Testimonials are what many of us rely on when we begin sourcing a provider for a product or service. We want to know the experience of the existing & past customer so we can better judge the brand(s).
From the opposite end of the business owner we can see the same value in terms of gaining new leads and customers. However, it’s often difficult to cull a testimonial from people even if you’re delivering a great experience.
Sometimes people simply forget to leave feedback. Other times people don’t truly care to take that time doing so. Worse is when your business only seems to pull negative or mediocre testimonials when you know there have been many satisfied ones.
Since testimonials lead to greater reputation they really should be part of your daily routine as an affiliate marketer. How do you go about it? Try these strategies…
- Exit Pops – There are many shopping carts that allow you to create surveys after the point of purchase; these carts also have features where someone may leave a piece of feedback (or testimonial). The exit pop is great for capturing the thrill of having made a purchase so it’s likely you will receive high praise (and avoid missing out on the opportunity versus waiting it out to hear back).
- Follow Up Call – A small business can put a CRM into implementation which will allow them to import customer data and schedule follow ups. One of the activities you should do is set a time (perhaps a week or two) after a purchase to call the individual and ask if they wouldn’t mind leaving a testimonial (whether it’s recorded right there or pointing them to a page that allows so).
- Follow Up Email – This one is similar to what you’d be doing with a phone call but with half the effort. All you need to do is segment the customer list to those that have recently purchased (or test further out), point people to a testimonials page, and hope they take the time to submit their thoughts.
- Reverse-Psychology via SM – In this you could begin posting regular updates to your social channels which shares customer testimonials. Followers may read them and remember they have forgotten to leave one of their own. You could go the extra mile and include a CTA to point people to where they can submit these testimonials whether it’s on your site or through a third-party.
- Point-of-Sale – Some small businesses now have tablets at the front of the counter where an individual can easily leave feedback through the device. Many of these devices allow them to log into their social accounts, hop right to the review websites, and share their thoughts. Otherwise it can go low-fi and be simply something where people can write it down on the way out.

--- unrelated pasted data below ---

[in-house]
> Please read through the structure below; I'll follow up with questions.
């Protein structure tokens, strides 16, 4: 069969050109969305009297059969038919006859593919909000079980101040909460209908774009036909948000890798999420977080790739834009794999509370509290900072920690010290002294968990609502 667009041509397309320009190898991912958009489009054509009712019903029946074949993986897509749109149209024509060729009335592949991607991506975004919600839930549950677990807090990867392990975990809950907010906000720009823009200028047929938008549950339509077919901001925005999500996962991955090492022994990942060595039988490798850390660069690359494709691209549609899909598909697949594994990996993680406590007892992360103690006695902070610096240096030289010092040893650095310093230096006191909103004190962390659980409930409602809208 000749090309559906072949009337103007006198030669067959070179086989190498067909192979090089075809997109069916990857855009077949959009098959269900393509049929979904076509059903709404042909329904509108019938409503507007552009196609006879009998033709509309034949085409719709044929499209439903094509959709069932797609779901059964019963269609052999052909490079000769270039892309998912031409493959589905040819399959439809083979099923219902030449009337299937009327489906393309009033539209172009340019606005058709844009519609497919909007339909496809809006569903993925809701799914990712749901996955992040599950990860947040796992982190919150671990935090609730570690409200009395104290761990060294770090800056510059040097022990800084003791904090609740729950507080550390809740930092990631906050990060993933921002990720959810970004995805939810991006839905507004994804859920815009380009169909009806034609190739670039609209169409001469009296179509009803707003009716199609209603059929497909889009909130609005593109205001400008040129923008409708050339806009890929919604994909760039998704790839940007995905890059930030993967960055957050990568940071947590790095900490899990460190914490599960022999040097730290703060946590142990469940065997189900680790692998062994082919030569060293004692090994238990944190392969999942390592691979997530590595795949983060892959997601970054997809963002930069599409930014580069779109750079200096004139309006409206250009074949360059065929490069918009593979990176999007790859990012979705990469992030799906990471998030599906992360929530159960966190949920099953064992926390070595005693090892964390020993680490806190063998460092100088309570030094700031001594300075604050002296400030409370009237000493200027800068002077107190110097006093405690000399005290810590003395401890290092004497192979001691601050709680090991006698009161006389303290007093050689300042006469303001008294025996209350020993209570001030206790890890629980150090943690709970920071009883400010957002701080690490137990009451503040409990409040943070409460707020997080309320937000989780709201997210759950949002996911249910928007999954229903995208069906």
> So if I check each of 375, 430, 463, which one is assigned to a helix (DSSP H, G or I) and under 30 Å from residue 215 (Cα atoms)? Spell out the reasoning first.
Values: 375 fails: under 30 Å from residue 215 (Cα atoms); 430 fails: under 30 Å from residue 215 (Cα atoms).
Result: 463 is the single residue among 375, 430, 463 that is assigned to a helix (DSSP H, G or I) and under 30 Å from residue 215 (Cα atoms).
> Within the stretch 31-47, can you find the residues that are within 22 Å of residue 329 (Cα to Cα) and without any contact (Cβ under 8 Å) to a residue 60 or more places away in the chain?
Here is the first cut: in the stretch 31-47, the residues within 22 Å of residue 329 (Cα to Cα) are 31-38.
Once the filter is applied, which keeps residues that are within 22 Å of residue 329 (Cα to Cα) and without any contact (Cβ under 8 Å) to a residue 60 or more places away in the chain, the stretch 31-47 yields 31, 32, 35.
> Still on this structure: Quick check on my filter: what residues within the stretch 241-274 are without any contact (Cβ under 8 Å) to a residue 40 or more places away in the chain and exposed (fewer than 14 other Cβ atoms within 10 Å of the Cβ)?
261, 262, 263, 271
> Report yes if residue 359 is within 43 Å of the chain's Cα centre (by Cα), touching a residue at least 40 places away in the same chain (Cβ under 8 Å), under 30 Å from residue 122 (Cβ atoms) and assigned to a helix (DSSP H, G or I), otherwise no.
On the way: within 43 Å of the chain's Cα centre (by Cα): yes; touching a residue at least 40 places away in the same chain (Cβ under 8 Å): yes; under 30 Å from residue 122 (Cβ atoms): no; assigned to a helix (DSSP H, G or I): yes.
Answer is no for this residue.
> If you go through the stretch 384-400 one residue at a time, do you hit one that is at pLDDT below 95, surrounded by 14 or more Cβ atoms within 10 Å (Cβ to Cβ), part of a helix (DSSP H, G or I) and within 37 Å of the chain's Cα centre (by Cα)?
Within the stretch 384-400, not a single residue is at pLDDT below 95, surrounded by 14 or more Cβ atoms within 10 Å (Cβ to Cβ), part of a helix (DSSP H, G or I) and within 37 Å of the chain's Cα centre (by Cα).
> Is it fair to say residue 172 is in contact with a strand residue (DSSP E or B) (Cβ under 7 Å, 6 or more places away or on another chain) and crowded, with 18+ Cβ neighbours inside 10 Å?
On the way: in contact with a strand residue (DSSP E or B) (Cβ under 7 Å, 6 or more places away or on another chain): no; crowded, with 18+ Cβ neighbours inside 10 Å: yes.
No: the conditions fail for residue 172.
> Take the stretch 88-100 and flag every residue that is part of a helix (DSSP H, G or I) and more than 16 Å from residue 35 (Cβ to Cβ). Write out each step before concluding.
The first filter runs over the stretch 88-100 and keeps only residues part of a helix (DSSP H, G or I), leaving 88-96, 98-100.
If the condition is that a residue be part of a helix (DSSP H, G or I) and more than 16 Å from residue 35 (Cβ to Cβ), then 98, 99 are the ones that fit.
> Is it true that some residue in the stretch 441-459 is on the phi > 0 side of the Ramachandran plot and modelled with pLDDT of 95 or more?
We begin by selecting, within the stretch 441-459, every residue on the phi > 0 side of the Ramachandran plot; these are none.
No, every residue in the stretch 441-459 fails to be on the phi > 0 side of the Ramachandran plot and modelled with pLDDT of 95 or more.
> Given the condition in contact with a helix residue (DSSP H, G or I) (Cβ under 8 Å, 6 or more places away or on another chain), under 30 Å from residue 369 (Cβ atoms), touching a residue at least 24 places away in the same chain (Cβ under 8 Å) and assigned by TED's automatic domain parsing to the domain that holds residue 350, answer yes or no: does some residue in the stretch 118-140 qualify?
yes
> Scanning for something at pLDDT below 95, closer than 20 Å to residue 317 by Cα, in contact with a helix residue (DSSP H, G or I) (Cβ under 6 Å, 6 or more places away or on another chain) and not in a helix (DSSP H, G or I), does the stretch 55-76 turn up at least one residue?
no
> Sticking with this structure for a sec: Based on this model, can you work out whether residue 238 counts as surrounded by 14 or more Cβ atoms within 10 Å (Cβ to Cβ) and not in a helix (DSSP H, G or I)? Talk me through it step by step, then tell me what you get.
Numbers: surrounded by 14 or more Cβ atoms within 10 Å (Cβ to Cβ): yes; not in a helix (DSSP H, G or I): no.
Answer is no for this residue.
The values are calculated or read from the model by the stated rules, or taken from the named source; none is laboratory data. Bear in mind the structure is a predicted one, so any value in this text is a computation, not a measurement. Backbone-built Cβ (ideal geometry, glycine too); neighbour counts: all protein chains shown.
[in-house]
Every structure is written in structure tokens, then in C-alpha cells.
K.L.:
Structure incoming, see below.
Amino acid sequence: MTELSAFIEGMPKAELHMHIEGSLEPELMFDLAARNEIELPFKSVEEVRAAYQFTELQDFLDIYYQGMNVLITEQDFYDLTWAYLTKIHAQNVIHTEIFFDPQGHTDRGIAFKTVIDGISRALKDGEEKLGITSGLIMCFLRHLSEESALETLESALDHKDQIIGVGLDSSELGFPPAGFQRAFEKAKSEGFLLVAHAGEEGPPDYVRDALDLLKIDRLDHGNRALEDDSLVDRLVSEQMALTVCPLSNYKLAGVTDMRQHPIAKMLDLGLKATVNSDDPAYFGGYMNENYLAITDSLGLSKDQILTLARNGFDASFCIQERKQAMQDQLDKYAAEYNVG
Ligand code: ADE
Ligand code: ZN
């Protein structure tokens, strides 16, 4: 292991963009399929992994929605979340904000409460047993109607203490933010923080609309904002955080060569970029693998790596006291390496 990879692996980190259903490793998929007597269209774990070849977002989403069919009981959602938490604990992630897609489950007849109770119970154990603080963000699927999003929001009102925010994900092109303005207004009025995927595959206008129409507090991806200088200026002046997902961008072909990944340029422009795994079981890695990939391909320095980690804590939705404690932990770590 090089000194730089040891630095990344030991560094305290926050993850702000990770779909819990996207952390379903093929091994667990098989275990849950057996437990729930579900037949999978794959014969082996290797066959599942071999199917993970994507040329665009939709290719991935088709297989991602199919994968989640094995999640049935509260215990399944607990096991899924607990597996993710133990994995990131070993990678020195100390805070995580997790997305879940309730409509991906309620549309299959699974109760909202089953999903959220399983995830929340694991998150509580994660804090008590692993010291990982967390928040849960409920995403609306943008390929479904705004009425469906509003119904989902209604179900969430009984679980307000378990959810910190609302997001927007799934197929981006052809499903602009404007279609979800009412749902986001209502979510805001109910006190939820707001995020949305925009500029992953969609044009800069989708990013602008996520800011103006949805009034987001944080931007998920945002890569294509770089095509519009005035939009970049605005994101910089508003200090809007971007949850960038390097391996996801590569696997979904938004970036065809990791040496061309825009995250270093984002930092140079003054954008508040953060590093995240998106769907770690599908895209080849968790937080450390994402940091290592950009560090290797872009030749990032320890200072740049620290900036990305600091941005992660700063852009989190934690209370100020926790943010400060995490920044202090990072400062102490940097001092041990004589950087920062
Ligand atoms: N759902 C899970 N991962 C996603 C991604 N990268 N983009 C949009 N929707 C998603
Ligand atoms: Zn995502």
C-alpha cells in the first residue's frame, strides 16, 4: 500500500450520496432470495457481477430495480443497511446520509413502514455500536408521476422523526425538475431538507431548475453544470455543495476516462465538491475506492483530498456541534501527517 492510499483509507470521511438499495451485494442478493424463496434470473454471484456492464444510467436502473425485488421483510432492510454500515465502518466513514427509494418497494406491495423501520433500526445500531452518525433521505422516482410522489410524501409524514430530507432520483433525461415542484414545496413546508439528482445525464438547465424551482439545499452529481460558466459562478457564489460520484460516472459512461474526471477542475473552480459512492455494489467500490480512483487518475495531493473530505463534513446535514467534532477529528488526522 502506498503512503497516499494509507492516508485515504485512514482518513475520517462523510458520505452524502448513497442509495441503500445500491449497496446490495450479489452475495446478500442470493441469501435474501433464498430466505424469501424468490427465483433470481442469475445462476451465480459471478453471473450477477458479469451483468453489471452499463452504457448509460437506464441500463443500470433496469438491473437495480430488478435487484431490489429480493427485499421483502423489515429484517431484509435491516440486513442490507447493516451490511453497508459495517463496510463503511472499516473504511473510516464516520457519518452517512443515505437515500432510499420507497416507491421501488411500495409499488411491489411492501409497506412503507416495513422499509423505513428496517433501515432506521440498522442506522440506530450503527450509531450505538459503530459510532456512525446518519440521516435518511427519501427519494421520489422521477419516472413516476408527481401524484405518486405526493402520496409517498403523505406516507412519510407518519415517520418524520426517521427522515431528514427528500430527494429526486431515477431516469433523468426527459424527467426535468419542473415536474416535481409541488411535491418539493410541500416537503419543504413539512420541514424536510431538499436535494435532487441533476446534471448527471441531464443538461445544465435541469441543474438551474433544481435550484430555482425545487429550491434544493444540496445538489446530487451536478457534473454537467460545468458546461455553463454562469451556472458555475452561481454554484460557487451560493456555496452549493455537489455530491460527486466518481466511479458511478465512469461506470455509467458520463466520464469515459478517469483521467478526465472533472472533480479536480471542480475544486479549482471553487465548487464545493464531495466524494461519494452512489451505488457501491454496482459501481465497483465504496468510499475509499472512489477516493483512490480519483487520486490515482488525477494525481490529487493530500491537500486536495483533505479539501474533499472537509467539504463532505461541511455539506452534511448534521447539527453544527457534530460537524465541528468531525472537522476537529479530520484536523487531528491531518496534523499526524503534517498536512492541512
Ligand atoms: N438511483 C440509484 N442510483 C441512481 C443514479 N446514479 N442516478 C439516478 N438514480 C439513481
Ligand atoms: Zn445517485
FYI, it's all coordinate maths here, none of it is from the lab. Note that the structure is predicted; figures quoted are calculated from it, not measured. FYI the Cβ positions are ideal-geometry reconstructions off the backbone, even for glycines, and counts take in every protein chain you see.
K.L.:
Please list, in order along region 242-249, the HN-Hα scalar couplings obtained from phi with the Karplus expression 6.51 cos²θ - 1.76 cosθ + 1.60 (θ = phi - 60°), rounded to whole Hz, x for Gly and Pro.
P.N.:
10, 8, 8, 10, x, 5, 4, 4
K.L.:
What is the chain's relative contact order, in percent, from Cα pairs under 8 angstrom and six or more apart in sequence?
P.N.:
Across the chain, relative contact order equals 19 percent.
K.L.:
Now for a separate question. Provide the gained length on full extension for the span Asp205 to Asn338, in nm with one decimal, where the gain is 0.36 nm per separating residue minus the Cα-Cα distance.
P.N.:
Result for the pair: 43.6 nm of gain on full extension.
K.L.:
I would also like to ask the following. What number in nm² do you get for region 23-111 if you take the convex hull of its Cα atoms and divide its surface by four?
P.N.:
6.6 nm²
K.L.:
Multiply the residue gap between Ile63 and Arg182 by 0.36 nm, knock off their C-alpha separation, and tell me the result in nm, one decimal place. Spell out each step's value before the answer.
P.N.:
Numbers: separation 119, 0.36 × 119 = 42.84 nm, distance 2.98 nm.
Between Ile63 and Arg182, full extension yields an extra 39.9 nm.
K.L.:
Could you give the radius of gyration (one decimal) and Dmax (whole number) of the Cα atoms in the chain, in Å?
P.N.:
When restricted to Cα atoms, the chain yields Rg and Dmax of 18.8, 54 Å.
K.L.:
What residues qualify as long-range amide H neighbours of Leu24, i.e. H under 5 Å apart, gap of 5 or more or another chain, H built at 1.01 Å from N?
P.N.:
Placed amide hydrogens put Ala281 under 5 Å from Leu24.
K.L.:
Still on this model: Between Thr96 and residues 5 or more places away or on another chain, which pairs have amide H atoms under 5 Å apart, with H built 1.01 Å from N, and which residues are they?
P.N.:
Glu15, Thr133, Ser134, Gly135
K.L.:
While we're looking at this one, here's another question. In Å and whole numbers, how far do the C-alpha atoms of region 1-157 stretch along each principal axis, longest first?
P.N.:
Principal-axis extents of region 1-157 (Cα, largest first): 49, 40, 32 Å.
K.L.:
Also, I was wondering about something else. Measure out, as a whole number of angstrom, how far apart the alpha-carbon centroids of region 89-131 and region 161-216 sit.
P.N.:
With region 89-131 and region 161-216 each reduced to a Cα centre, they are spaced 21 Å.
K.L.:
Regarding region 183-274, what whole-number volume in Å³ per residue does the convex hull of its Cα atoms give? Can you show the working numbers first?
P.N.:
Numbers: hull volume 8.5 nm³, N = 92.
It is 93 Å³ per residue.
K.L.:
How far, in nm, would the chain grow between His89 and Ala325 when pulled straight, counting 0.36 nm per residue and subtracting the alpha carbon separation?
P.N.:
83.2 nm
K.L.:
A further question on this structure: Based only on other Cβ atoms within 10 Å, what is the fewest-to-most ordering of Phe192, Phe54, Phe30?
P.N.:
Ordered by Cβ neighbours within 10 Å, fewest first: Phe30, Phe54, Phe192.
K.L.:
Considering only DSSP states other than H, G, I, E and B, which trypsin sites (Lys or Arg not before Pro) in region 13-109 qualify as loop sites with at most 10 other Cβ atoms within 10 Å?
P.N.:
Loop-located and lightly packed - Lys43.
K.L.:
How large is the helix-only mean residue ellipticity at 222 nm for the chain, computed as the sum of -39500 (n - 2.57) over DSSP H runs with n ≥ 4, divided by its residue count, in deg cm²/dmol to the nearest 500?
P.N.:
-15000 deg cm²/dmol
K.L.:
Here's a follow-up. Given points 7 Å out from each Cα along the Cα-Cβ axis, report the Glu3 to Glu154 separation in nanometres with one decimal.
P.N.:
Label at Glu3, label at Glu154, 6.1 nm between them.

- In the Box – If you ship physical items you can use that experience of opening the box to include a small letter asking for a review/testimonial. This can be done through digital means, too, as easy as including a document that encourages them to like, share, and leave feedback once the digital item has been received.
There are many different ways to go about culling testimonials from individuals. The more you gain the more well-rounded your brand will be to the industry and marketplace. Some may not be great but if you are able to pull out mostly positive it will have a significant impact on brand authority/awareness which leads to greater sales.
… and all you really need to do is take the time to get in touch with customers.
A VERY Important Note (Don’t Skip)
It’s absolutely important that you avoid trying to incentivize culling testimonials from people for a gain.
It’s one thing to provide some form of gratitude to those that do leave testimonials (such as a coupon after the fact) but it starts to skirt the grey (and unethical) line when you use incentives in exchange for positive feedback.
The issue being is that you’re essentially buying testimonials.
Testimonials can certainly be culled from the customer base and when it’s natural it is very authentic and aids with building a brand. Testimonials that are “bought” through incentives for leaving good feedback give a false representation to new leads which can harm your business in the long-run if the practice is exposed.
In short: Ask (and use strategies) to gain the testimonials but don’t skirt the line.
How does your business gain feedback from the audience?
Image by Alvimann